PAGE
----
When the reserves 13-1 and 13-2 are managed within the control block 12, it is possible to carry out an exclusive control by the control block 12 at a high speed. In addition, by realizing the selectors 15 d, 15 c-1, 15 c-2 and 16 d by general purpose selectors, it becomes possible to suppress the cost of the information processing apparatus. Furthermore, the processing speed of the information processing apparatus can be improved by realizing the selectors 15 d, 15 c-1, 15 c-2 and 16 d by exclusive hardware.

FIG. 15 is a system block diagram showing a ninth embodiment of the information processing apparatus according to the present invention. This ninth embodiment of the information processing apparatus employs a ninth embodiment of the transfer control method according to the present invention. In FIG. 15, those parts which are the same as those corresponding parts in FIG. 14 are designated by the same reference numerals, and a description thereof will be omitted.

In this embodiment, the request source processor 11-1 is formed by a CPU as shown in FIG. 15, and the request destination processors 11-2 through 11-n are formed by general purpose processors not provided with exclusive bits in advance. The control block 12 is formed by a processor which includes a buffer 121, a plurality of reserves 13-1 including RSV1, a plurality of reserves 13-2 including RSV2, and selectors 15 d, 15 c-1 and 15 c-2.

In a case where the plurality of reserves 13-1 and 13-2 and the selectors 15 d, 15 c-1 and 15 c-2 are realized by microprogram control, it is possible to realize the control block 12 by a general purpose processor, thereby making it possible to suppress the cost of the control block 12. In addition, in a case where the plurality of reserves 13-1 and 13-2 and the selectors 15 d, 15 c-1 and 15 c-2 are realized by hardware, the control block 12 can be realized by an exclusive processor, thereby making it possible to carry out the processing at a high speed.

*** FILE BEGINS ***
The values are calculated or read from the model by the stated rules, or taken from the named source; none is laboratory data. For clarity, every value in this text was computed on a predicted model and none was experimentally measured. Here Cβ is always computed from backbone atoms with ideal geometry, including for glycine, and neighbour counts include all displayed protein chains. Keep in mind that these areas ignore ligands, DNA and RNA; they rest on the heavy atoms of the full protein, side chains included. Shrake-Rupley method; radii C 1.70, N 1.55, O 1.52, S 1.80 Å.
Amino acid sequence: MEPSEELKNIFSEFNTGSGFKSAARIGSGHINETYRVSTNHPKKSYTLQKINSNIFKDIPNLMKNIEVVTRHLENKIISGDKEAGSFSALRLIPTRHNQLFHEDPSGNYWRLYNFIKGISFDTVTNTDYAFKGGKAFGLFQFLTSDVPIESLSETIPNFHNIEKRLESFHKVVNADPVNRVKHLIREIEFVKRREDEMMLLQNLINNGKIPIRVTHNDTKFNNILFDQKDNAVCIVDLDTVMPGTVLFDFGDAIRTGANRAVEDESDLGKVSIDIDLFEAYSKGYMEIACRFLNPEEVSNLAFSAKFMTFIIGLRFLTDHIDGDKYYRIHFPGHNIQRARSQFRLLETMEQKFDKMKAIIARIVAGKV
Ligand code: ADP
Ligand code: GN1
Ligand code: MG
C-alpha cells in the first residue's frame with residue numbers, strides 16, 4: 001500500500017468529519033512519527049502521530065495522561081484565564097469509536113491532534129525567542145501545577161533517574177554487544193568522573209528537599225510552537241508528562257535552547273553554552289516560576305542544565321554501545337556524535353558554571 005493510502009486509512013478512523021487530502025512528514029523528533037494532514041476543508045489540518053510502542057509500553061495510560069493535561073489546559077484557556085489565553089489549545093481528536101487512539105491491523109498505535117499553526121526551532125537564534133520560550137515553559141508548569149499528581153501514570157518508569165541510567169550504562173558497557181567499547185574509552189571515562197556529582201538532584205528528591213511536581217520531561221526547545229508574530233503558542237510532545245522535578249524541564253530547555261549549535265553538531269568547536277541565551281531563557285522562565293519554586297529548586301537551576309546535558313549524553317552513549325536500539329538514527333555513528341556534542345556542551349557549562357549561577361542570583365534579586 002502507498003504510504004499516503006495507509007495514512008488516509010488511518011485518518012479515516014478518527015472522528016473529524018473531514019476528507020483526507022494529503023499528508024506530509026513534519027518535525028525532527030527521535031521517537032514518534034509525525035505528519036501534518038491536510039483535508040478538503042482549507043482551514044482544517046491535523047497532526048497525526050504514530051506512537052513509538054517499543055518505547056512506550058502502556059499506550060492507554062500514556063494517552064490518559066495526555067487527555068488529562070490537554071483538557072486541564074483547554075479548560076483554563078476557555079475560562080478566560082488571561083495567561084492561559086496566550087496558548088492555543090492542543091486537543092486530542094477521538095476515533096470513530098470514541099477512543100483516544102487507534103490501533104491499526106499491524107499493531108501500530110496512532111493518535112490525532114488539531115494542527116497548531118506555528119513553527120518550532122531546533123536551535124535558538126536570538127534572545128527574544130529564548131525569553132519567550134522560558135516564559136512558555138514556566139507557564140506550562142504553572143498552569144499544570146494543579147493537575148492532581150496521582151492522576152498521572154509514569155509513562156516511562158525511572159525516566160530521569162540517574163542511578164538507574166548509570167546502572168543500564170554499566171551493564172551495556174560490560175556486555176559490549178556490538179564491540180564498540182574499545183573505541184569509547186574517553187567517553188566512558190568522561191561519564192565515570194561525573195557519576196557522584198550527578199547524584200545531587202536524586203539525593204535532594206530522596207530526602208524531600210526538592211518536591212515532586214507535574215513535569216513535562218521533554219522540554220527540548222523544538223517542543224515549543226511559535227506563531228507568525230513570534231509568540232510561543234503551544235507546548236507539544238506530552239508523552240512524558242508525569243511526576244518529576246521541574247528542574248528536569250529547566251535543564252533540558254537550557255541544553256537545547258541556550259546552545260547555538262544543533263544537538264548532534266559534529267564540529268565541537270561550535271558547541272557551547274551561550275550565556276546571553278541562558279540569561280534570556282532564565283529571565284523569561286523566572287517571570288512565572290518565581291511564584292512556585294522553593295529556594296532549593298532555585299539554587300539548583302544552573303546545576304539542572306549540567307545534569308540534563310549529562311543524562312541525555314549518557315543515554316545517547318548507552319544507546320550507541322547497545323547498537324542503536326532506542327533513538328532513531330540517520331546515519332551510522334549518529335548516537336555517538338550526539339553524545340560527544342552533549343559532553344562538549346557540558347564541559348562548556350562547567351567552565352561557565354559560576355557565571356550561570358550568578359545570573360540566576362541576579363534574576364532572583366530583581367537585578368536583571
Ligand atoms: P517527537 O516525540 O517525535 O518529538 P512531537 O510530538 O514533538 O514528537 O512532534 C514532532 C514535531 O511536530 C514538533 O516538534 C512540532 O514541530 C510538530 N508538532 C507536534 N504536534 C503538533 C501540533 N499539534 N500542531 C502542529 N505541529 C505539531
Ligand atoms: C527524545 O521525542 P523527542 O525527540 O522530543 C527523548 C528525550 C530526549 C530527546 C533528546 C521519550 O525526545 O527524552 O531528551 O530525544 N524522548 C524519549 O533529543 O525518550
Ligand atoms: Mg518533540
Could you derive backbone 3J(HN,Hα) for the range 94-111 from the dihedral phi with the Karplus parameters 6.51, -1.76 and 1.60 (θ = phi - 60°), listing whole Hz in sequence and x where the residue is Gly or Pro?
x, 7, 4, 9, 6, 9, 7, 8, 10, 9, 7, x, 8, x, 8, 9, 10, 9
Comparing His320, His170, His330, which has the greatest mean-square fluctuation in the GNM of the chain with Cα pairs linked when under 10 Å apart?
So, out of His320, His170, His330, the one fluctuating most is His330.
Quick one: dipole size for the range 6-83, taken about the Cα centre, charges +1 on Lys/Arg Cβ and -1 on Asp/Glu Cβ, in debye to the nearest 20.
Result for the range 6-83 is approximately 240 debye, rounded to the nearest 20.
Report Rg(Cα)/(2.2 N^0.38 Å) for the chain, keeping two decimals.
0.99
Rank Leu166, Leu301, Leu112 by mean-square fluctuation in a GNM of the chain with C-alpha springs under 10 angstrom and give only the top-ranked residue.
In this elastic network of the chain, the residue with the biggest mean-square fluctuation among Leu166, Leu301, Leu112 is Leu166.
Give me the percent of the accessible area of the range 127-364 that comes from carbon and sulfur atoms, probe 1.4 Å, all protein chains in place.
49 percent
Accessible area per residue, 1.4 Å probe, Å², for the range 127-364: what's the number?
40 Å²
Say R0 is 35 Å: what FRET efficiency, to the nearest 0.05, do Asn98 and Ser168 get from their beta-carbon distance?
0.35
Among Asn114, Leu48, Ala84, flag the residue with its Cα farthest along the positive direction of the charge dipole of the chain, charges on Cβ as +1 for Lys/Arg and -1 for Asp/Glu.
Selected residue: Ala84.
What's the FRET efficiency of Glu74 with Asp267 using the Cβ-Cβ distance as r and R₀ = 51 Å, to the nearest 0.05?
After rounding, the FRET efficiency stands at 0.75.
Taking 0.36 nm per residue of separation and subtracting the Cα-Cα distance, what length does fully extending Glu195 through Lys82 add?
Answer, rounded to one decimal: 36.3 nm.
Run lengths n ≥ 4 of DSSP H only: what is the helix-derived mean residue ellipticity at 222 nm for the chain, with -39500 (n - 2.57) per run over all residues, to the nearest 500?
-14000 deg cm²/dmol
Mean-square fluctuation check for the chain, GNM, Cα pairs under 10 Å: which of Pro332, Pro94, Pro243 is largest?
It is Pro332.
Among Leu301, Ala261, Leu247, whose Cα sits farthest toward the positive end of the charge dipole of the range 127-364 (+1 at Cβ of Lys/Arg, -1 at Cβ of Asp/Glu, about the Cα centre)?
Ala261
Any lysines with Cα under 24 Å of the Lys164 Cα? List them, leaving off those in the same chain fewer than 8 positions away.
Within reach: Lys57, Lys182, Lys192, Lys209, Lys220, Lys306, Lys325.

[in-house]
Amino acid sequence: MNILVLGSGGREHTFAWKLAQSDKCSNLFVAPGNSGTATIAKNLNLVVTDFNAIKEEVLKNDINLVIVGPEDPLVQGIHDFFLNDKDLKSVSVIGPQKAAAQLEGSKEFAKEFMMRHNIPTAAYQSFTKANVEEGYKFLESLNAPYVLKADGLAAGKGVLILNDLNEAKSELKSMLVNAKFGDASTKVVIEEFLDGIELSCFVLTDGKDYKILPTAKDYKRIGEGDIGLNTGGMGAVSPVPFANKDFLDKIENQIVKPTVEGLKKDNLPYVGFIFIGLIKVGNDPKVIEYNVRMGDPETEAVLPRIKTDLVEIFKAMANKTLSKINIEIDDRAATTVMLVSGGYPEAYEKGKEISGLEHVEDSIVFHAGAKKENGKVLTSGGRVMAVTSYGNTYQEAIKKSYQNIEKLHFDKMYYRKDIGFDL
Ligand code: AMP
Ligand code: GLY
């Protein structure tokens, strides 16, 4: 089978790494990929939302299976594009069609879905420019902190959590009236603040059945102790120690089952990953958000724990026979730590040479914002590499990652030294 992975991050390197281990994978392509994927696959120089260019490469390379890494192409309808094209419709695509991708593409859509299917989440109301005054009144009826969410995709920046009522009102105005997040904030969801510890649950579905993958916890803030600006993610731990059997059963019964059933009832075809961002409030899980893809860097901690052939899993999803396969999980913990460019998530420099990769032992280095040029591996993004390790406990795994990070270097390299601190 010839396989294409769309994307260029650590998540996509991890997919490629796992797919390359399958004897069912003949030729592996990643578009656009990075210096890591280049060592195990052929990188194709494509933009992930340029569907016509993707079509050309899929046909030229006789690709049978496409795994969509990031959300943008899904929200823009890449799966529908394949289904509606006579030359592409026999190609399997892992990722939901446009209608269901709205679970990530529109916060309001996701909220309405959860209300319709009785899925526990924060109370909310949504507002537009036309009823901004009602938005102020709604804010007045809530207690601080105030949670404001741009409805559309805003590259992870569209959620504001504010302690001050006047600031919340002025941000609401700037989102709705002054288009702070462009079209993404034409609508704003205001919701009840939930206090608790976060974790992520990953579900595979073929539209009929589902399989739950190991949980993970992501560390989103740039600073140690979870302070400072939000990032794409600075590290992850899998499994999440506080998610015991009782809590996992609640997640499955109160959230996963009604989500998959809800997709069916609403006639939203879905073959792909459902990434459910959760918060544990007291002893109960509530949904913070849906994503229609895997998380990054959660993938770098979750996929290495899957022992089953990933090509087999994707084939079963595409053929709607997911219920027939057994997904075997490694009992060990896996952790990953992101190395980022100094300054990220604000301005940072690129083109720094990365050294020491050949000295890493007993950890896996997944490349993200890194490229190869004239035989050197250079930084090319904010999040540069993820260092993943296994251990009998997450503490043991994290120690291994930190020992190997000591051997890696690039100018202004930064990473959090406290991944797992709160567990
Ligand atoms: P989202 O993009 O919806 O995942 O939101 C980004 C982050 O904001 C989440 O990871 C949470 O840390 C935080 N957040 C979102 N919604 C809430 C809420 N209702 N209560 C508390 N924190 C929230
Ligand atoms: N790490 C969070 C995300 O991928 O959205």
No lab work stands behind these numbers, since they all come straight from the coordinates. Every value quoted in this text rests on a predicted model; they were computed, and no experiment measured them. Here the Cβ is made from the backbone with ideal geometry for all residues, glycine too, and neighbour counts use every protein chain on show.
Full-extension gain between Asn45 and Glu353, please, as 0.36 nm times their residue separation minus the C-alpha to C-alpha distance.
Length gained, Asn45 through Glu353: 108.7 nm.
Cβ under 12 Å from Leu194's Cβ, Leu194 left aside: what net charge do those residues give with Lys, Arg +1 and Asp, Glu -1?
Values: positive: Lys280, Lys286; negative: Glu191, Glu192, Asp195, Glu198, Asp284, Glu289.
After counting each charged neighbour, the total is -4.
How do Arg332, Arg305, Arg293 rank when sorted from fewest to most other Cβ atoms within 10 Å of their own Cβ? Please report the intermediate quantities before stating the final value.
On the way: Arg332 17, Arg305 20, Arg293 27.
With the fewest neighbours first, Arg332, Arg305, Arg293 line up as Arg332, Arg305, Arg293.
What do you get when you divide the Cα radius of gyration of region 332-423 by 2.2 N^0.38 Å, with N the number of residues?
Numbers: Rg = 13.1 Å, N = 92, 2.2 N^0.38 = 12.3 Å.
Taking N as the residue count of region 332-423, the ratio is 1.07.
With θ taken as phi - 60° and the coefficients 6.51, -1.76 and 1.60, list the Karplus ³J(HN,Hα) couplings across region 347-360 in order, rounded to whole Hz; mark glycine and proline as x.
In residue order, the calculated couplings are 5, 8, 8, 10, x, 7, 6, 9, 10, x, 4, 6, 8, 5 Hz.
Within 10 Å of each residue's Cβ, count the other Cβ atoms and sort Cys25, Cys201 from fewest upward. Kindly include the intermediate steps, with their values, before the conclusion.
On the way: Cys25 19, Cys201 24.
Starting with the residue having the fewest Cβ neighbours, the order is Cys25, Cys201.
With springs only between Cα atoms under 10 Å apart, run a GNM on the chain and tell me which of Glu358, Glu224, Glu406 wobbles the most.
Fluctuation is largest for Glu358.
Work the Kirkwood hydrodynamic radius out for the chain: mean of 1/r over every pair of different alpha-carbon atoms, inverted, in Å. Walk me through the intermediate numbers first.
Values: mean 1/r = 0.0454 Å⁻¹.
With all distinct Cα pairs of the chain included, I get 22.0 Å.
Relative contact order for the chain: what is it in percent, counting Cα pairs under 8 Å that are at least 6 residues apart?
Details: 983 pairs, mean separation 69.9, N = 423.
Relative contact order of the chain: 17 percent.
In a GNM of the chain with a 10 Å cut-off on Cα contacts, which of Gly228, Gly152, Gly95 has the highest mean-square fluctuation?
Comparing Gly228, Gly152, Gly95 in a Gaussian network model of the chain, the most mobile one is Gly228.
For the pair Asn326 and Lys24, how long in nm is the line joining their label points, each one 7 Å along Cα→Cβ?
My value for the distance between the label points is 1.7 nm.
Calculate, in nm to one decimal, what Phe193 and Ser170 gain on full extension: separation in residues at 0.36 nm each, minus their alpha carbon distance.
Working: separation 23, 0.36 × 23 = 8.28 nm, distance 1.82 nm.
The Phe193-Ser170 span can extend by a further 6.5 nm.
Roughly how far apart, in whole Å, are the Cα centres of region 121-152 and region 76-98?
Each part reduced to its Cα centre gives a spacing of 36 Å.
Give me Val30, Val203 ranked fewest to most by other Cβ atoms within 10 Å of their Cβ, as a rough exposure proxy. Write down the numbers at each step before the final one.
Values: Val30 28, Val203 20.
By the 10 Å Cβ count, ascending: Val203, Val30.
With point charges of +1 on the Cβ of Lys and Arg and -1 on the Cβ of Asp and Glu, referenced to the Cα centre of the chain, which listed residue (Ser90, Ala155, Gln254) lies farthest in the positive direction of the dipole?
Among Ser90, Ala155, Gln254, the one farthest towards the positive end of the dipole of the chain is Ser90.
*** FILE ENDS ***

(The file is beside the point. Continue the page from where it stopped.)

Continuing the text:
Next, a description will be given of a system to which the information processing apparatus according to the present invention and the transfer control method according to the present invention may be applied, by referring to FIGS. 16 through 18. FIG. 16 is a system block diagram showing the system to which the present invention may be applied. In FIG. 16, those parts which are the same as those corresponding parts in FIG. 2 are designated by the same reference numerals, and a description thereof will be omitted. FIGS. 17(a) through (k) and FIGS. 18(a) through (k) are time charts for explaining the operation of the system shown in FIG. 16.